Suspected coronavirus patients could face detainment under South Australian laws

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Experts of people’s hospital of Zigui county, Yichang, Hubei province, hold a teleconsultation to discuss the situation of a suspected case of novel coronavirus pneumonia in a health center of Lianghekou town, Zigui, Feb.7, 2020. (Photo by Wang Jiaman/People’s Daily Online)
Experts of people’s hospital of Zigui county, Yichang, Hubei province, hold a teleconsultation to discuss the situation of a suspected case of novel coronavirus pneumonia in a health center of Lianghekou town, Zigui, Feb.7, 2020. (Photo by Wang Jiaman/People’s Daily Online)

South Australians diagnosed with coronavirus could be detained for failing to comply with mandatory quarantine under new laws.

The South Australia (SA) government on Monday night announced a raft of changes to public health laws to prevent the spread of COVID-19. The state’s chief public health officer (CPHO) will be able to verbally order the detention of a person if they are considered to be at risk of spreading a disease such as COVID-19, according to The Australian Broadcasting Corporation report.The new laws would make it easier for police to be called in to enforce detainment and quarantines, as well as security firms or court orders.”There is no need to be alarmed. Part of strengthening our state’s protection is to make sure that our public health experts have the powers they need to protect South Australians,” Premier Steven Marshall told reporters. “We know people are anxious, and I assure the people of South Australia that you are unquestionably our priority.”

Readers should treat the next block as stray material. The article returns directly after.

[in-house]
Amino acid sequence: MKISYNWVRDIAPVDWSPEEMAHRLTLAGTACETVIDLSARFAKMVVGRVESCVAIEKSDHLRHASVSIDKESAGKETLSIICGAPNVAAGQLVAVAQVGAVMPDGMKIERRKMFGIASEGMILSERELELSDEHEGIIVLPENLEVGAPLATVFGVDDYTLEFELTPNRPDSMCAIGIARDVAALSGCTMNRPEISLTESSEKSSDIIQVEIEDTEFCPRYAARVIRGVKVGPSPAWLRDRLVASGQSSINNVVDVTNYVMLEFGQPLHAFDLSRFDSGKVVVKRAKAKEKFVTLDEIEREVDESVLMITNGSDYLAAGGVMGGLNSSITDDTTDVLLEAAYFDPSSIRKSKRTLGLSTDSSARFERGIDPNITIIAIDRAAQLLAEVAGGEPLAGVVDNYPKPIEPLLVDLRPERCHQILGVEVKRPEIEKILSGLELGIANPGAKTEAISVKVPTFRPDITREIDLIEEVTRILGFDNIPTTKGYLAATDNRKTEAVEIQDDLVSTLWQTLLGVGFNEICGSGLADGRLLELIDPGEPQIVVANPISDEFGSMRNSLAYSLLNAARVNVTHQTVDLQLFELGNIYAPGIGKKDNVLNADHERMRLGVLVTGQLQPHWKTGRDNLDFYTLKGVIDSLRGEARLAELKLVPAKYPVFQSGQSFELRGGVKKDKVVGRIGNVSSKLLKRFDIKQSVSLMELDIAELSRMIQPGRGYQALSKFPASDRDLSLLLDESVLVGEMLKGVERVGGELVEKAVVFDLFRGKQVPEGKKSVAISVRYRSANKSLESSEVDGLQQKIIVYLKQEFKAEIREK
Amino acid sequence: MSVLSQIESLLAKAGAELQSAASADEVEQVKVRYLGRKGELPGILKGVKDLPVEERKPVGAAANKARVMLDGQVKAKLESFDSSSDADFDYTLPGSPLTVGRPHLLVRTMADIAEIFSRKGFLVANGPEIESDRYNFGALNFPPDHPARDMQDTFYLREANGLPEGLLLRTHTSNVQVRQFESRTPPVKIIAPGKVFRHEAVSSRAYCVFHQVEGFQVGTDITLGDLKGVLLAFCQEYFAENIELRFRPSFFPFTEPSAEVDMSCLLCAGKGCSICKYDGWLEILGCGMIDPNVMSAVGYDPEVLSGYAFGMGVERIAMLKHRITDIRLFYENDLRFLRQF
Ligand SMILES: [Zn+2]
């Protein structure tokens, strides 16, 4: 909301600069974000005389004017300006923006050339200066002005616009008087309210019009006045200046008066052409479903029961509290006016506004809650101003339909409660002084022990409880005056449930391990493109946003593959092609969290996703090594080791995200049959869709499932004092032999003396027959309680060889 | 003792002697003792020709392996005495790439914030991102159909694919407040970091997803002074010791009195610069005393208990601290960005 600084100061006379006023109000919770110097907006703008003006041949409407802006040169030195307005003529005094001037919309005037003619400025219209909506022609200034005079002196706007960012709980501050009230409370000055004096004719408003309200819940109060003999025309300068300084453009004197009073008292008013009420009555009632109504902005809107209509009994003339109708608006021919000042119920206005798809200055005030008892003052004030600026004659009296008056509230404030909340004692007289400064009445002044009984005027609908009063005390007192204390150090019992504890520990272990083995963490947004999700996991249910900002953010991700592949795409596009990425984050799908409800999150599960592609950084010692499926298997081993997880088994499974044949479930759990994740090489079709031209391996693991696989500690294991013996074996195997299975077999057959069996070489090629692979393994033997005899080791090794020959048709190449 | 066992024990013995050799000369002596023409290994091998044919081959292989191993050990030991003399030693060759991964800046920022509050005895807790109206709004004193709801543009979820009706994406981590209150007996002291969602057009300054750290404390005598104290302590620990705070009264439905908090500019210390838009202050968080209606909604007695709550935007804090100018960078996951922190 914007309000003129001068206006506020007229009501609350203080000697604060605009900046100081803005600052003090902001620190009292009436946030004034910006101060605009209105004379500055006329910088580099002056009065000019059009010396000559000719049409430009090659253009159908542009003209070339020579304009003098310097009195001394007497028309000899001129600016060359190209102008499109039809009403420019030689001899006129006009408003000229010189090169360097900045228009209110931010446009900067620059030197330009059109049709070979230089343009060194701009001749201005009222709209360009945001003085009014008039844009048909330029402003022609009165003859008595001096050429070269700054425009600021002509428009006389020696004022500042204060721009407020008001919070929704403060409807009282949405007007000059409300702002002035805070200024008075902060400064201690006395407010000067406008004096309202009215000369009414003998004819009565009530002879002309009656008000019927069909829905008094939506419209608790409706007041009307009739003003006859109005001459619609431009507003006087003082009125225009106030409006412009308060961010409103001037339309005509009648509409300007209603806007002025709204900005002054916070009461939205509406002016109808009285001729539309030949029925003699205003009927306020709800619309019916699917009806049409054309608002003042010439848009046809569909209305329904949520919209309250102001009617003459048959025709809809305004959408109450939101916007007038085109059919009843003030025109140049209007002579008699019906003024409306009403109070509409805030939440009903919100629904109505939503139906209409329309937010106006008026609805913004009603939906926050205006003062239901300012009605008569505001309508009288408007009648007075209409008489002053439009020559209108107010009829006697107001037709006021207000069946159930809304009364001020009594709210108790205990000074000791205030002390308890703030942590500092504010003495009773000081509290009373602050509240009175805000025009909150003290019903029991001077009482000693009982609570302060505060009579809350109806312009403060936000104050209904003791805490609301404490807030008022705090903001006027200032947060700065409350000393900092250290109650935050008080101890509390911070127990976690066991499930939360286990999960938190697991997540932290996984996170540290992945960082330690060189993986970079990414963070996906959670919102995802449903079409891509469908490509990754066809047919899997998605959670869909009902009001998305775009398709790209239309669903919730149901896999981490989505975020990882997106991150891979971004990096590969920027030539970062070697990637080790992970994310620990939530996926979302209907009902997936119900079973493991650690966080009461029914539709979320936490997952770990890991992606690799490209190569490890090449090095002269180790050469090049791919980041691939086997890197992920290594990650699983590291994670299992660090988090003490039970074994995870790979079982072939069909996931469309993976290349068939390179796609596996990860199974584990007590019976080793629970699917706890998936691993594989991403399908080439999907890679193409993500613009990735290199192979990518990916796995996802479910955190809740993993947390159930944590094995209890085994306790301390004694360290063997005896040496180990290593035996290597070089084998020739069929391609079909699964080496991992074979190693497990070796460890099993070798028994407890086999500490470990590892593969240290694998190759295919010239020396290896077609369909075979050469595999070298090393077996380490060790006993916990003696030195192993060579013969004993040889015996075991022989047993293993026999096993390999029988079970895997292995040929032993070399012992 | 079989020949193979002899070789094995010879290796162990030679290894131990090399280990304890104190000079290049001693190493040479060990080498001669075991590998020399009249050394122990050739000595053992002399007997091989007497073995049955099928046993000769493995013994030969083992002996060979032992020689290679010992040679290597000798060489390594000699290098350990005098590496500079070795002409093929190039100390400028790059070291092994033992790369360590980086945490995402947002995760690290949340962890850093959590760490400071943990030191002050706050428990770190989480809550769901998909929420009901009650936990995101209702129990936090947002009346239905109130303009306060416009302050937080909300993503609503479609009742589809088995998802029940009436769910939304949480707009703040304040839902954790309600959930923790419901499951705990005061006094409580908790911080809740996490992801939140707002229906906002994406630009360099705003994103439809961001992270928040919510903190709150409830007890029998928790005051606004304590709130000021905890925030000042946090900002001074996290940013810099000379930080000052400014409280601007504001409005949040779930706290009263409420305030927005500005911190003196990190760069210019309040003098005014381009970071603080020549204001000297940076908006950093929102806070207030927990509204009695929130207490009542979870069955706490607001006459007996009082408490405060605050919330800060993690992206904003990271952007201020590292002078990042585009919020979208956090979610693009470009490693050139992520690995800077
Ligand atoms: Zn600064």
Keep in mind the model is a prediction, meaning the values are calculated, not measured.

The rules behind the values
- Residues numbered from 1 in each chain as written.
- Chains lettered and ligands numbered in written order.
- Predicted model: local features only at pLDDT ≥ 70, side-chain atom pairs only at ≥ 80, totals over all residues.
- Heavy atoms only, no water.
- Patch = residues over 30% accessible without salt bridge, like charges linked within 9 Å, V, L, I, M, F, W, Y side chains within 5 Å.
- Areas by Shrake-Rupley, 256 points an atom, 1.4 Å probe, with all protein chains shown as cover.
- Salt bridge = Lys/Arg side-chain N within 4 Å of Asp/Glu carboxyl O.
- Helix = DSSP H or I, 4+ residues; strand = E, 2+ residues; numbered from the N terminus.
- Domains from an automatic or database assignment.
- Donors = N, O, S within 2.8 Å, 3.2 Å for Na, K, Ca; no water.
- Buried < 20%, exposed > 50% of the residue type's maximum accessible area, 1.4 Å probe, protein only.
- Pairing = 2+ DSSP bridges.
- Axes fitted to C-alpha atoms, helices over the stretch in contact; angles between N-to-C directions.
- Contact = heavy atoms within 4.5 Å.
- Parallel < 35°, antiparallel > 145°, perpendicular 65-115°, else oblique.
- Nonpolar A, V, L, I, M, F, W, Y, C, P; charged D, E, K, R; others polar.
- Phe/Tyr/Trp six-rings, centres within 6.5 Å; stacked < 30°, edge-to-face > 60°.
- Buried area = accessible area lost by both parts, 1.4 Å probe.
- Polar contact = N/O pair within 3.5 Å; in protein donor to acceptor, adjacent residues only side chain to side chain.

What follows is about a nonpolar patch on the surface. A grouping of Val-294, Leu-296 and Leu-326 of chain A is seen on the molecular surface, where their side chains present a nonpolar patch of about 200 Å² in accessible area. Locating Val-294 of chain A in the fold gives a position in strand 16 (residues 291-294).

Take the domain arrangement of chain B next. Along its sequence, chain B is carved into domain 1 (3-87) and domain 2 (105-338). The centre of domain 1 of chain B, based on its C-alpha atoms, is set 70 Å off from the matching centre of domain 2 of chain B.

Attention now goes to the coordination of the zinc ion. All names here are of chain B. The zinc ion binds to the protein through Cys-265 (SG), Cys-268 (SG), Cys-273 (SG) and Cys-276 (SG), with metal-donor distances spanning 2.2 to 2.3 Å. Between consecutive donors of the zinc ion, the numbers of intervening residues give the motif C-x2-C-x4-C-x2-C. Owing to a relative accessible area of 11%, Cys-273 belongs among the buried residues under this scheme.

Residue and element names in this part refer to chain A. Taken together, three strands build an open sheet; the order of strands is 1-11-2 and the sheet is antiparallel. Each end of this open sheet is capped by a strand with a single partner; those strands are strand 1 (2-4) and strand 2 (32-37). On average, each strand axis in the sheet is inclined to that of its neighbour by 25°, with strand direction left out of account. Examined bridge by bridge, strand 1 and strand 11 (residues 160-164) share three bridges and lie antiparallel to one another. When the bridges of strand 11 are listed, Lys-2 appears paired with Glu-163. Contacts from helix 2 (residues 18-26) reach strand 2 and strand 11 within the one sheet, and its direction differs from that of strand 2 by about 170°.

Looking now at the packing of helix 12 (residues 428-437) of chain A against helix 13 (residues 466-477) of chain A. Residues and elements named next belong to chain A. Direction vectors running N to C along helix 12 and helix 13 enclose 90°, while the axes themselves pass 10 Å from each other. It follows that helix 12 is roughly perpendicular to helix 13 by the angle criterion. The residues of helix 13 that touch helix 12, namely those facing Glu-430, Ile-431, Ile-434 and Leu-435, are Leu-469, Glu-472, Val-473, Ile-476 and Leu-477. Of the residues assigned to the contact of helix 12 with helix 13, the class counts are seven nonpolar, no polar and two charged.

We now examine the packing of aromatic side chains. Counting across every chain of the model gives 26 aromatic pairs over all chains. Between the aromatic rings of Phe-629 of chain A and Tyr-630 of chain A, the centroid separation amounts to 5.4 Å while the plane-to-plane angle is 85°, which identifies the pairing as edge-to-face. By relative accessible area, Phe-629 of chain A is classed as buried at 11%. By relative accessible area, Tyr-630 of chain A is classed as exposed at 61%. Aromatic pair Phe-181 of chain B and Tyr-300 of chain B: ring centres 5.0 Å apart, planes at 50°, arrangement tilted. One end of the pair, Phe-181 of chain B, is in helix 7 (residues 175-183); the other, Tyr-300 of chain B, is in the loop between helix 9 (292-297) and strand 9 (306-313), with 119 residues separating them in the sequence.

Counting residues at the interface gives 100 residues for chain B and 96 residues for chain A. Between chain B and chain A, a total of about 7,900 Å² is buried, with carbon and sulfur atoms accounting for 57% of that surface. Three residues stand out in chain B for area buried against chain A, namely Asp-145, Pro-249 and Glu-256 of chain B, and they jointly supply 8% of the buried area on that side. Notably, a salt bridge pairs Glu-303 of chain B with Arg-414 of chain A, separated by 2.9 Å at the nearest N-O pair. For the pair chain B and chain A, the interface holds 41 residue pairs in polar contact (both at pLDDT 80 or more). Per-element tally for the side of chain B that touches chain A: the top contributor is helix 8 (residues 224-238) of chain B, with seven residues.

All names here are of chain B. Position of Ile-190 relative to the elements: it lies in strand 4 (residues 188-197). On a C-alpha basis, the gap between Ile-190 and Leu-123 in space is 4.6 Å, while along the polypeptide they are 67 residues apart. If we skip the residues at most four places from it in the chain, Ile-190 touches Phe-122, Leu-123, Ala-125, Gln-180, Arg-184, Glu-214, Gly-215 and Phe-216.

There have been three confirmed cases of COVID-19 in South Australia with one other suspected patient awaiting tests.A 78-year-old man from Western Australia who spent time on the Diamond Princess cruise ship on Sunday became the first Australian to die from contracting coronavirus. Stephen Wade, the SA health minister, said that the law changes could be critical to preventing the spread of COVID-19. “While we hope for the best, we need to plan for the worst,” he said.”The key to being prepared is to ensure that our public health experts have the tools they need to be nimble and proactive in controlling any possible outbreak scenario.”

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